Words like property division, child custody, and alimony have become commonplace in America. That’s because 40%-50% of married couples get divorced. However, just because it happens all of the time, divorce or even the decision to get a divorce isn’t any easier. If you are one of the people contemplating leaving your spouse, here are some questions to ask yourself first.

 

Are you really ready to leave?

 

Many people may threaten to leave in the heat of the moment, but don’t really mean it. This can happen if you’re angry, trying to get your partner to listen, or trying to get your partner to change. However, you may not actually be ready for a divorce. If that’s the case, you should try talking to your partner about what you can do to make the marriage work.

 

Are you physically and emotionally ready to leave?

 

As you have probably heard, there are a lot of steps in a divorce. Will you need an attorney? What about child custody, alimony, or property division? These will be difficult details to manage—with or without a divorce attorney. If you don’t even want to think about those things yet or you don’t have the resources, you may not be ready for a legal divorce. If you have strong feelings of love OR hatred towards your partner, you probably aren’t emotionally ready either. You may want to talk to your partner about a separation instead or decide to work on the relationship.

 

What would you gain by getting a divorce?

 

If you want to divorce someone to hurt them, make them pay, or to make them change their mind, you would be doing it for the wrong reasons. Going through custody battles, property division, or fighting for alimony can cost both you and your spouse time and money. If, on the other hand, you want to live separate lives, meet someone new, and move on, you may be ready for a divorce.

 

Are you still in love?

 

If you still love your spouse, but something in the relationship is creating an imbalance or struggle, you may not be ready for divorce. You may want to try to work on the relationship before you decide to leave. If you are having financial problems, you could talk to a financial advisor. If one spouse is angry all of the time, they could try an anger management class. If someone has had an affair, you could seek couples counseling. However, some things can’t be rectified, and you may ultimately decide that, despite your feelings, you need to go your separate ways.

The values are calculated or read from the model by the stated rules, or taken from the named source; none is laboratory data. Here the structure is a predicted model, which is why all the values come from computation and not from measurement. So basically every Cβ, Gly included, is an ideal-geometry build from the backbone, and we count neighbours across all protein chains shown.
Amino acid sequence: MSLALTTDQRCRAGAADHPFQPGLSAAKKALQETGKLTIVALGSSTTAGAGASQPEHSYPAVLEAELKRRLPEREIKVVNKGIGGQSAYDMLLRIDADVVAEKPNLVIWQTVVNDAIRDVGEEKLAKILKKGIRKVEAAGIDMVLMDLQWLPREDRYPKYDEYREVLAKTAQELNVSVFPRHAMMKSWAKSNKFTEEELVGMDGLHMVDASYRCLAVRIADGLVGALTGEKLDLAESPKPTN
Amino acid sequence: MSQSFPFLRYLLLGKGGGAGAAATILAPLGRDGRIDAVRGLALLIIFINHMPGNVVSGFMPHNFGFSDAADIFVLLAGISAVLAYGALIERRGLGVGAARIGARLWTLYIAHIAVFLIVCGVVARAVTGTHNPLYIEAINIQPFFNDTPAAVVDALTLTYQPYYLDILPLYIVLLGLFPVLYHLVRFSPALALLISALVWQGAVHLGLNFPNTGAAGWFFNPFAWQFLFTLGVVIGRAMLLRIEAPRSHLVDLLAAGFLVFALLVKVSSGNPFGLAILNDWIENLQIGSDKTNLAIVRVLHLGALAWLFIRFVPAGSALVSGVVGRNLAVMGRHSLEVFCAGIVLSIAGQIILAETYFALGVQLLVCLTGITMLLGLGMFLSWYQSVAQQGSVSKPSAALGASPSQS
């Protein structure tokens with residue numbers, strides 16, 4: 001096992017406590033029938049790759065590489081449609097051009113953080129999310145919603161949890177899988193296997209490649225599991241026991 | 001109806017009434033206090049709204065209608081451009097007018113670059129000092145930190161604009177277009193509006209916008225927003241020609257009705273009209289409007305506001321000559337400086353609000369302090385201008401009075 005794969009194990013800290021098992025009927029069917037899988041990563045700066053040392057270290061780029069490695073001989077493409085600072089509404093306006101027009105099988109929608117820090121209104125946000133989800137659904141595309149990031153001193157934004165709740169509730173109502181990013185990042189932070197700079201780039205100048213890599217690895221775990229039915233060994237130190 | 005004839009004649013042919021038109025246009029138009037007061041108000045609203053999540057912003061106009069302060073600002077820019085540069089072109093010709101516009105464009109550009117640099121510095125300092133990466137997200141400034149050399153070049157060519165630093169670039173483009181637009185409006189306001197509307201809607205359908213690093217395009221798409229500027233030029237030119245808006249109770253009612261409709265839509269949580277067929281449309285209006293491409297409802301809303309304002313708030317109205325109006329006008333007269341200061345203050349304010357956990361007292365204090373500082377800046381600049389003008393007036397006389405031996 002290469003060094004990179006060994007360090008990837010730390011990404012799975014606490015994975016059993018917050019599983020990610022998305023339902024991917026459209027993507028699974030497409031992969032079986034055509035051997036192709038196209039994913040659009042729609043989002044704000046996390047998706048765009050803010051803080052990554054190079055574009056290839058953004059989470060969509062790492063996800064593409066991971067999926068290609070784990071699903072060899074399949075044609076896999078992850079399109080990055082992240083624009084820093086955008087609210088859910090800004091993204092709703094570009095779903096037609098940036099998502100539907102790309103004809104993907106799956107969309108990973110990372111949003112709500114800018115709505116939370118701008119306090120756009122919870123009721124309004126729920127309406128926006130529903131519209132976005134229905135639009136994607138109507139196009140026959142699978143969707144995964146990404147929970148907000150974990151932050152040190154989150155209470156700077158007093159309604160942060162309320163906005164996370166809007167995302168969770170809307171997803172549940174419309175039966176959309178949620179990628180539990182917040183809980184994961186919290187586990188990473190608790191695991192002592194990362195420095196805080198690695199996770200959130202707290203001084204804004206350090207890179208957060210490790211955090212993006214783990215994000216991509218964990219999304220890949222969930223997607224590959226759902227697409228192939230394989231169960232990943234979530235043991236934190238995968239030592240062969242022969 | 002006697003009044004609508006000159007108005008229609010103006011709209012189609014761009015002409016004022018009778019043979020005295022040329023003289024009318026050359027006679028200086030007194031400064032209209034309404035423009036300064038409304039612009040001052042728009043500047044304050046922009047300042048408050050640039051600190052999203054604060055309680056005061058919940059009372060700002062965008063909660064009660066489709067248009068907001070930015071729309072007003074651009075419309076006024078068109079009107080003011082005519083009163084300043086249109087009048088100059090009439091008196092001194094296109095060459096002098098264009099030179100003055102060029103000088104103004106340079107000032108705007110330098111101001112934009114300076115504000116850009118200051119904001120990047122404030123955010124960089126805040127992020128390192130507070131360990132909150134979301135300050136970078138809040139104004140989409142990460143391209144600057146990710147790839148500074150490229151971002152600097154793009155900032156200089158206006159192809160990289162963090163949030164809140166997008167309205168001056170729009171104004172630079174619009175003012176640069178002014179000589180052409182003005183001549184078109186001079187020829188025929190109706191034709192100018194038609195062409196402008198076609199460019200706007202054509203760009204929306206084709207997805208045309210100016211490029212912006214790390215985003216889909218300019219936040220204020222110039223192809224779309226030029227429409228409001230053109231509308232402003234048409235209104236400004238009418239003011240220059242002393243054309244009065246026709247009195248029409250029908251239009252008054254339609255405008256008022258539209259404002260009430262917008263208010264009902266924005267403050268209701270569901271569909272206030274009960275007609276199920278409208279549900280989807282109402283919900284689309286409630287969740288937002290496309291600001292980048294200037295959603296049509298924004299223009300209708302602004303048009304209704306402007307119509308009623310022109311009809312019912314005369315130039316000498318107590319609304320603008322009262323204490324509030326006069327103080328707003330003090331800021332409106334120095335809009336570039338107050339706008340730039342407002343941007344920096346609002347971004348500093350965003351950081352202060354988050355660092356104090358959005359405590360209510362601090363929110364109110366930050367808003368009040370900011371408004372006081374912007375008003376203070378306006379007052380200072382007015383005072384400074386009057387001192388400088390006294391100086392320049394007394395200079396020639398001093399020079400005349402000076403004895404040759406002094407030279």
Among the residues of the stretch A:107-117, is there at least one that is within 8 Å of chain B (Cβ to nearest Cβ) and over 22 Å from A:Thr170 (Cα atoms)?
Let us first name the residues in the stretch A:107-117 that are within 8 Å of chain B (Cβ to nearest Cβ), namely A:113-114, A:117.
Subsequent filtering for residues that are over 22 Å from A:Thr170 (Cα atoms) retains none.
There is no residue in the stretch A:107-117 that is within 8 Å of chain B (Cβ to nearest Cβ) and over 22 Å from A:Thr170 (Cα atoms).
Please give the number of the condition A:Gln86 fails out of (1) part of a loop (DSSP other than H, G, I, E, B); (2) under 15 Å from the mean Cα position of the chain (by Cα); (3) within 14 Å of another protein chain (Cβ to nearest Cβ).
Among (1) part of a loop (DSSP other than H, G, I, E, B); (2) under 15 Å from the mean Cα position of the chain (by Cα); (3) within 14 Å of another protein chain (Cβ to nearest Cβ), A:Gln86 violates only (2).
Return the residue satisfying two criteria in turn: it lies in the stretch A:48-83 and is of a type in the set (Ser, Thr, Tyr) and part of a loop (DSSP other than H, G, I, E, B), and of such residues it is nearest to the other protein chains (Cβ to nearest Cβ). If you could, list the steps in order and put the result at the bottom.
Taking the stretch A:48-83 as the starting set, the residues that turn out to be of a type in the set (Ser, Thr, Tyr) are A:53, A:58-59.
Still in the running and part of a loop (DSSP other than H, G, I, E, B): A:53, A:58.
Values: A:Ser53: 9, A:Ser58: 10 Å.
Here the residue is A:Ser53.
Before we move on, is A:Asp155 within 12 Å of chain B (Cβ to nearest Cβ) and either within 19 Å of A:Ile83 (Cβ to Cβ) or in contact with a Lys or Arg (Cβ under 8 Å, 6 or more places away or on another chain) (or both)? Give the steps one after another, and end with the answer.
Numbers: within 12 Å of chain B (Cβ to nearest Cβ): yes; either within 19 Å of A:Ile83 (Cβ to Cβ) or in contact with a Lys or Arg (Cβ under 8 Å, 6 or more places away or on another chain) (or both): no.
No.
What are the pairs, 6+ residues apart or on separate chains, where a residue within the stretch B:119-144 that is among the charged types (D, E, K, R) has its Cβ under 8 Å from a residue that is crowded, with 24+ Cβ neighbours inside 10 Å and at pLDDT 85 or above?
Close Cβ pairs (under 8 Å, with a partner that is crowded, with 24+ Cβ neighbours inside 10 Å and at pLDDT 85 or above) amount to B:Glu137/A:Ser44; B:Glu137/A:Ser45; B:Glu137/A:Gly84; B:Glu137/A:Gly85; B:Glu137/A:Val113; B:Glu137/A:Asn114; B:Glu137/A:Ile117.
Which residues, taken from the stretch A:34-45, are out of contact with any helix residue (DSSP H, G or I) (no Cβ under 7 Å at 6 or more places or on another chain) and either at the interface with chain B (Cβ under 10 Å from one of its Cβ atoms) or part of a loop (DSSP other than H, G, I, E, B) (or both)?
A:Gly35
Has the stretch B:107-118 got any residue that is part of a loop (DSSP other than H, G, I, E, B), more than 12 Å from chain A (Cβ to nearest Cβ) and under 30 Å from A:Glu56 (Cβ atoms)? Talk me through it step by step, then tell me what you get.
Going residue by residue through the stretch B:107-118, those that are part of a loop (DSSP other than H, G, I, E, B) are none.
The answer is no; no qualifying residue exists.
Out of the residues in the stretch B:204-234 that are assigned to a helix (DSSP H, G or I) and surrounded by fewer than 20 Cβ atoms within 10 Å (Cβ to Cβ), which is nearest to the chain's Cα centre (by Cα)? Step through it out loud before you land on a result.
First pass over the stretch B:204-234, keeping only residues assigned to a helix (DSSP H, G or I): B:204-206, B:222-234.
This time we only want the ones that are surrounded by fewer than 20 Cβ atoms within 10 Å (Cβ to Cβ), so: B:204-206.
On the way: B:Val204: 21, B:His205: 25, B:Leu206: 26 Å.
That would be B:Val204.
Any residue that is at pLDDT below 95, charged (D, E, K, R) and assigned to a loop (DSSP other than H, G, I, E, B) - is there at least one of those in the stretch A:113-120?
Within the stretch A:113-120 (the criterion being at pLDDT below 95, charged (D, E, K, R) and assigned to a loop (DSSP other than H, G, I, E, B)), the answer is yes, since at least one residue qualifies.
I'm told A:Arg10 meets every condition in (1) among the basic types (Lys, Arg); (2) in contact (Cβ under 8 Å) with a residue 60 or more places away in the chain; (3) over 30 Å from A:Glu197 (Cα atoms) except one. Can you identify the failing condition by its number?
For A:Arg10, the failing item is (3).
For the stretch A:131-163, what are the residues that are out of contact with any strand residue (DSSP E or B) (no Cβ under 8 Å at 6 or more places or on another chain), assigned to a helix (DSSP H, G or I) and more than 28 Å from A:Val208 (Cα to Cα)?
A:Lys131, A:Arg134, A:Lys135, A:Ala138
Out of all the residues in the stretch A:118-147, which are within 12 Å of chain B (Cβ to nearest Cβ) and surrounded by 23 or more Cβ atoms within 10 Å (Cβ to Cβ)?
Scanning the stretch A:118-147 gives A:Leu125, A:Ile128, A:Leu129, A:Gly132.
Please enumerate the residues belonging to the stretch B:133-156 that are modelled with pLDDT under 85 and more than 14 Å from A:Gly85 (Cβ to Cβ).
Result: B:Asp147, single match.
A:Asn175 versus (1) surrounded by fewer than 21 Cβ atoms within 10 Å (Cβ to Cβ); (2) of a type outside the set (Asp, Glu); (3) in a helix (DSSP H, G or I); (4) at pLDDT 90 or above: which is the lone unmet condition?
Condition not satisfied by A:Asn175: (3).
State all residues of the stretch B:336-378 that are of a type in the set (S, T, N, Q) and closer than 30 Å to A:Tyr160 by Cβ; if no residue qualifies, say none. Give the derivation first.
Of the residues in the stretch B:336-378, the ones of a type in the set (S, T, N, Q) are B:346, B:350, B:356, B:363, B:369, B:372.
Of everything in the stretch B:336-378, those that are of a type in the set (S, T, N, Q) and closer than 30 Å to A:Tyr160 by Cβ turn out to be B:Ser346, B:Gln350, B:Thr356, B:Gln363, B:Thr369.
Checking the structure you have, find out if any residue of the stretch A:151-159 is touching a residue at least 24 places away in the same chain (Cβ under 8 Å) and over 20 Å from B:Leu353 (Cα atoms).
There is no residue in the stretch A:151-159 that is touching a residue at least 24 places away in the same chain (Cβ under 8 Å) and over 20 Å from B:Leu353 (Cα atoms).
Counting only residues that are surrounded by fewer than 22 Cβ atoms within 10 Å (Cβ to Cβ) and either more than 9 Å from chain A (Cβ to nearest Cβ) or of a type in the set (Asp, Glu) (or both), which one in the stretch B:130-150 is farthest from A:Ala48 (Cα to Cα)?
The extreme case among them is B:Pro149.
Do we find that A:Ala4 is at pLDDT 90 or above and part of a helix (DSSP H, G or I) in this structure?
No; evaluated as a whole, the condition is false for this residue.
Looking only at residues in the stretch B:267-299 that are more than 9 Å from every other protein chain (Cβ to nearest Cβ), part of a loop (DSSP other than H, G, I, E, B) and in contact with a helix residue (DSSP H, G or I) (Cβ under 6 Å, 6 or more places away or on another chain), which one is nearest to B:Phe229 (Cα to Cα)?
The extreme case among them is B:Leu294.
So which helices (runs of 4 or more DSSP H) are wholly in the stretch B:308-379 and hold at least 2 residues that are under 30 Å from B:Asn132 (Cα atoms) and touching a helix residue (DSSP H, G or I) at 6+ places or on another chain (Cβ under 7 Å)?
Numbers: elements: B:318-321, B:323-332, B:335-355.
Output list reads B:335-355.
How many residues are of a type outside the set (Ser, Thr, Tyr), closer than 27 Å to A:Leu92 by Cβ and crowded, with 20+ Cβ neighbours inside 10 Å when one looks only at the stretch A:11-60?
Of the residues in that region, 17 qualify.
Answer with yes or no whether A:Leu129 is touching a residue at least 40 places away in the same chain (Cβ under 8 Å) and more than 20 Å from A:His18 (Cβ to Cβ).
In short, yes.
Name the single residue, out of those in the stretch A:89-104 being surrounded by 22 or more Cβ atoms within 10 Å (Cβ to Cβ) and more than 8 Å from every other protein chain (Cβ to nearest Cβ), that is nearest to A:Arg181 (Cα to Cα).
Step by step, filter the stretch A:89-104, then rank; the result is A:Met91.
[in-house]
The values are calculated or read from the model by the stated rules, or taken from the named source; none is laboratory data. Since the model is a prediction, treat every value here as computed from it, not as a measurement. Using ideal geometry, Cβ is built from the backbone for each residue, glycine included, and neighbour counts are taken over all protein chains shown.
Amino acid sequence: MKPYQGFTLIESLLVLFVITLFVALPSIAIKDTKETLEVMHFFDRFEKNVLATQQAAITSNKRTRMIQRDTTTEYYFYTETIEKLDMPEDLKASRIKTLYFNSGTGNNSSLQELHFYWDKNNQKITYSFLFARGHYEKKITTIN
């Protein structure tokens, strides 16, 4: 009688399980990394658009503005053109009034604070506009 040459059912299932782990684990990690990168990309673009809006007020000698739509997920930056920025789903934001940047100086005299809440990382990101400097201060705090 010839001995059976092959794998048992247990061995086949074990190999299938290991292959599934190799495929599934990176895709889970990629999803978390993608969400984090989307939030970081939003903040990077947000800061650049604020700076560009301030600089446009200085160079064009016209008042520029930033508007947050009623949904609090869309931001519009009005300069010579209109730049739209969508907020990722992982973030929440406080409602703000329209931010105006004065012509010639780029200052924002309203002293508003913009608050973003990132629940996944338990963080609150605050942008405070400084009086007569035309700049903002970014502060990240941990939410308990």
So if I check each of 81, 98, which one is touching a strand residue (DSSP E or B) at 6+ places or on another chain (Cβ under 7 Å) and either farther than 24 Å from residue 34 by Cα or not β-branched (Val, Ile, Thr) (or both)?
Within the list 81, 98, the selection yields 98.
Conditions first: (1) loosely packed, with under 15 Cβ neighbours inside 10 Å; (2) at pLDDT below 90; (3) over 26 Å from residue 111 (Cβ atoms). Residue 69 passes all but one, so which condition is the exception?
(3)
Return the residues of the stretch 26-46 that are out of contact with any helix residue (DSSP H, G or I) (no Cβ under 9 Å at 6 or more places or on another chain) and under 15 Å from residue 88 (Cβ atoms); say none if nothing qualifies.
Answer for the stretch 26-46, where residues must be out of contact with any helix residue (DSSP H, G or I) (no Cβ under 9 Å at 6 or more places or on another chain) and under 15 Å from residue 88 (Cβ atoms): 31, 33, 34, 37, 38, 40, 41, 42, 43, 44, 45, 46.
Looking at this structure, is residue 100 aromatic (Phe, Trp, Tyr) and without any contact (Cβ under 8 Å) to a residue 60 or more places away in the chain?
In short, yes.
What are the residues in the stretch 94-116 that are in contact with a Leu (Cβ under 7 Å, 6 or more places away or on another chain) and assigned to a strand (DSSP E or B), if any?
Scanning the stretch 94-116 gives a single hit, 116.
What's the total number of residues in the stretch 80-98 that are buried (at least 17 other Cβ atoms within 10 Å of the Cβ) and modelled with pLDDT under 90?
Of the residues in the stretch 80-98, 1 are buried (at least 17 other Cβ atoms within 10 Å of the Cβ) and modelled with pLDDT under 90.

Are you already living separate lives?

 

If you and your spouse have been doing everything separately already, you may be ready for a divorce. Even if you live in the same house or have children together, you may be making decisions independently and not considering what the other person may want. If you think in terms of “me” rather than “us,” you either need to become a unified couple or separate.

 

Are you ready for the difficulties of divorce?

 

Divorce affects more than you and your spouse. Your children, extended family, and friends will be affected. Everyone can feel hurt, rejected, inadequate, or lonely after a divorce. There will be ups and downs, and you will need support from loved ones, an attorney, or a therapist to be able to get through a divorce when you may be feeling opposition from other people. If you don’t have support to deal with other people’s disappointment and sadness, you may not be ready for a divorce.

 

If you don’t want to change your financial situation or lifestyle, you may not be ready either. Divorce often includes property division and moving to a new home, so you must be prepared for this step. Most importantly, if you aren’t ready to detach from your spouse physically or emotionally, you may want to reconsider divorce.

 

If you aren’t able to answer these questions, you may want to reconsider leaving your spouse, at least, for now. You could try working on the relationship first, or try to get yourself in a place that enables you to leave. Your family, friends, and professionals can help you get through a divorce if and when you decide you need one.